Santos-Folgar et al. analyzed the anatomical area of the upper limb with the greatest fatigue to during 10-min of CPR with the TF technique and found that the only point where fatigue was high was the area between the fingers and the palm of the hand (8 points out of 10) [39]. The Santos-Folgar’s study used the Visual Analogue Scale (VAS) as a fatigue assessment tool. The most common use of this scale is the assessment of pain and the population studied was nursing students, which could perhaps be a confounding bias with fatigue. For this reason, pain was included as a variable using the NRS as a tool because of its better sensitivity [21] in addition to being one of the most widely used scales [40]. As expected, TF resulted in significantly higher pain, which at the end of the test was an increase of 25% compared to the other two techniques. These results are in agreement with previous studies that found the hand to be the least comfortable place during TF [28,38]. The use of the body weight on the fingers in TTF or the pressure of the two hands encircling the infant’s thorax using the anatomical gripper with the thumbs in TTE seems more efficient. Moreover, there is greater involvement of larger muscles or powerful kinetic chains compared to TF whose compression force is lower [29] since it is projected exclusively from the wrist to the two fingers as well as in a smaller contact area [38].
Indeed one of the practical implications of this study is to understand the effects of prolonged pediatric CPR and to optimize it in order to offer the most comfortable alternatives to rescuers, who often operate in remote locations with scarce resources. “Pain cannot be treated if it cannot be assessed” [22] and applied to this study, TTE or TTF would be the preferred choice. The current results should encourage lifeguard organizations to explore these different techniques within their protocols and incorporate fatigue and pain assessment scales to promote best professional practice in the safest, most efficient manner and to avoid injuries that may detract from lifeguard service.

Limitations of the Study

This study has limitations that should be pointed out. First, it is a simulation study with physically fit rescuers in a controlled context; therefore, in a real situation, with a different first responder profile and in a different resuscitation environment, the results may be different. In this study, not all variables which determine the quality of CPR were collected by an APP software limitation, especially the depth of compression in millimeters, so results must be construed with this important restriction. Another limitation for understand the results was the manikin represents a three-month-old baby. This study should be tested with older and larger toddlers. The limited sample of this study is another important limitation, so further research is needed in order to validate the results obtained. The strength of this study is the novelty and relevance of the topic, as well as the limited evidence in this context. Simulation-based analysis with manikins is useful when the possibility of analysis in situations with real patients has not existed so far.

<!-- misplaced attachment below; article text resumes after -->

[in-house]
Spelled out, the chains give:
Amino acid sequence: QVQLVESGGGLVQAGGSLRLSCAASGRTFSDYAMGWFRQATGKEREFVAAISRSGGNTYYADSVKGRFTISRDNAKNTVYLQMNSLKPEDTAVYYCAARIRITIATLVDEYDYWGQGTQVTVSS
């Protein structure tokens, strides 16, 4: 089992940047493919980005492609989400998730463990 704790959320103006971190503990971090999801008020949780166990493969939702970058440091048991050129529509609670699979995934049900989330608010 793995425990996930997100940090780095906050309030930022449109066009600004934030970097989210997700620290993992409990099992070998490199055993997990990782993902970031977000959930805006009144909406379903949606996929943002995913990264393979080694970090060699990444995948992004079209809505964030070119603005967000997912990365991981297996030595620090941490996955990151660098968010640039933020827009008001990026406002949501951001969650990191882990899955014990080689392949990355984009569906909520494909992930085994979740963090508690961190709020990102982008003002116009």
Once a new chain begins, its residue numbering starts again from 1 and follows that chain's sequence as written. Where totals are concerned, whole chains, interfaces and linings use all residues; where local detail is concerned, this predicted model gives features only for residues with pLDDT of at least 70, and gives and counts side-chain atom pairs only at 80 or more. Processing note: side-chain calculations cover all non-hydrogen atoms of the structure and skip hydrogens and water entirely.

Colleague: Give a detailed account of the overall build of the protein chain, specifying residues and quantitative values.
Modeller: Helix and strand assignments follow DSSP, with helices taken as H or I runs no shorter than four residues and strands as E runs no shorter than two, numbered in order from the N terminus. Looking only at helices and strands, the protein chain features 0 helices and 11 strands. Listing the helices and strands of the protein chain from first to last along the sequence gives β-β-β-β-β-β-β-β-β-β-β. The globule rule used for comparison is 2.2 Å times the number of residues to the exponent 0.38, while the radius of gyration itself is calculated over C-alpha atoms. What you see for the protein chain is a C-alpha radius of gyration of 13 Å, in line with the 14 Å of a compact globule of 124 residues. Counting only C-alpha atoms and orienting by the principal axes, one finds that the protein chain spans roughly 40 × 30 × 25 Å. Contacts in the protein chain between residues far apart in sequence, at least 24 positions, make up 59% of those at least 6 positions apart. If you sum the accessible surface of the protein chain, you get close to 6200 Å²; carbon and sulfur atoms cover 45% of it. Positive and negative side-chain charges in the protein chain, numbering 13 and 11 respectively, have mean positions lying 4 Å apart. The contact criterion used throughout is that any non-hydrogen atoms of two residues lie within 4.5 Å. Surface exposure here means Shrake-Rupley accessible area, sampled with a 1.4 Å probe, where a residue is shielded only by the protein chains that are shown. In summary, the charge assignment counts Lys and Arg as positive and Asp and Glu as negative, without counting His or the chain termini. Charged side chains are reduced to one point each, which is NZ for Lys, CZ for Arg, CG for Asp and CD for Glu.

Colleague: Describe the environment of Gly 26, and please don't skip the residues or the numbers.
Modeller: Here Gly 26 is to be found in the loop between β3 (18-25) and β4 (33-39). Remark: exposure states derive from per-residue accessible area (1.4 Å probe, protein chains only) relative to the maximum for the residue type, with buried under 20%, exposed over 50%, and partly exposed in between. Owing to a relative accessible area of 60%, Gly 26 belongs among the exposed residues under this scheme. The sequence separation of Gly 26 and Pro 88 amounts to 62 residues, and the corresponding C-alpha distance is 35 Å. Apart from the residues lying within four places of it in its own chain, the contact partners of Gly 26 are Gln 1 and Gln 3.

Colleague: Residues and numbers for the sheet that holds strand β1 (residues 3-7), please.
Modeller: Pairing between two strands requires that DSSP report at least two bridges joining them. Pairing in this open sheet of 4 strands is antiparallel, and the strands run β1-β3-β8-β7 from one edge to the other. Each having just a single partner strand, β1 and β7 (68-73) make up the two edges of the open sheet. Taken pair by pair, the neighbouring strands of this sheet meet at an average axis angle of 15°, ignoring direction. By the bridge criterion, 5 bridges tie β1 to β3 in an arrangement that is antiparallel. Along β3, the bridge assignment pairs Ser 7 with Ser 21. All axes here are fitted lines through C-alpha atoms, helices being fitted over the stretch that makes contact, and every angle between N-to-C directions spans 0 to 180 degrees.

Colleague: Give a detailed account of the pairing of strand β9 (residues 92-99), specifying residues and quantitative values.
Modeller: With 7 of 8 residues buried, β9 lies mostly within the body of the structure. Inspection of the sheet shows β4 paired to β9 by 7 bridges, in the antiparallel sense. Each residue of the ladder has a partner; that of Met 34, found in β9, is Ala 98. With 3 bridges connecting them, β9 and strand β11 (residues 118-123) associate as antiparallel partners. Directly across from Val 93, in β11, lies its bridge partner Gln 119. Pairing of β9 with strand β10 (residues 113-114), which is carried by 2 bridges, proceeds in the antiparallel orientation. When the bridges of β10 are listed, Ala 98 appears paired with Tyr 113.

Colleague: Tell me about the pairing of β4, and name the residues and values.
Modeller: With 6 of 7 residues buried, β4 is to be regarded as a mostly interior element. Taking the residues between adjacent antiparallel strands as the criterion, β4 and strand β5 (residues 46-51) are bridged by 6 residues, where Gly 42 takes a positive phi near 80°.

5. Conclusions

All techniques have been shown to be effective in high-quality infant CPR during a prolonged resuscitation provided by lifeguards. However, the two-finger technique is less efficient in relation to rescuers comfort with high fatigue and hand pain compared to two-thumb techniques (TTE and TTF). This study supports the recommendation that the traditional two-finger technique in the context of prolonged resuscitations should not be the preferred option when there is more than one rescuer.

Author Contributions

Conceptualization, R.B.-F., M.B.-F., M.O.-A., A.A.-C., S.M.-I., S.A.-G., S.L.-G. and A.R.-N.; Data curation, F.C.-N. and A.R.-N.; Formal analysis, R.B.-F., M.O.-A., A.A.-C. and S.M.-I.; Investigation, M.B.-F., A.A.-C., S.M.-I., S.A.-G. and S.L.-G.; Methodology, R.B.-F. and M.O.-A.; Resources, M.B.-F. and F.C.-N.; Supervision, S.A.-G.; Validation, M.O.-A.; Writing—original draft, R.B.-F. All authors have read and agreed to the published version of the manuscript.


This research received no external funding.

Institutional Review Board Statement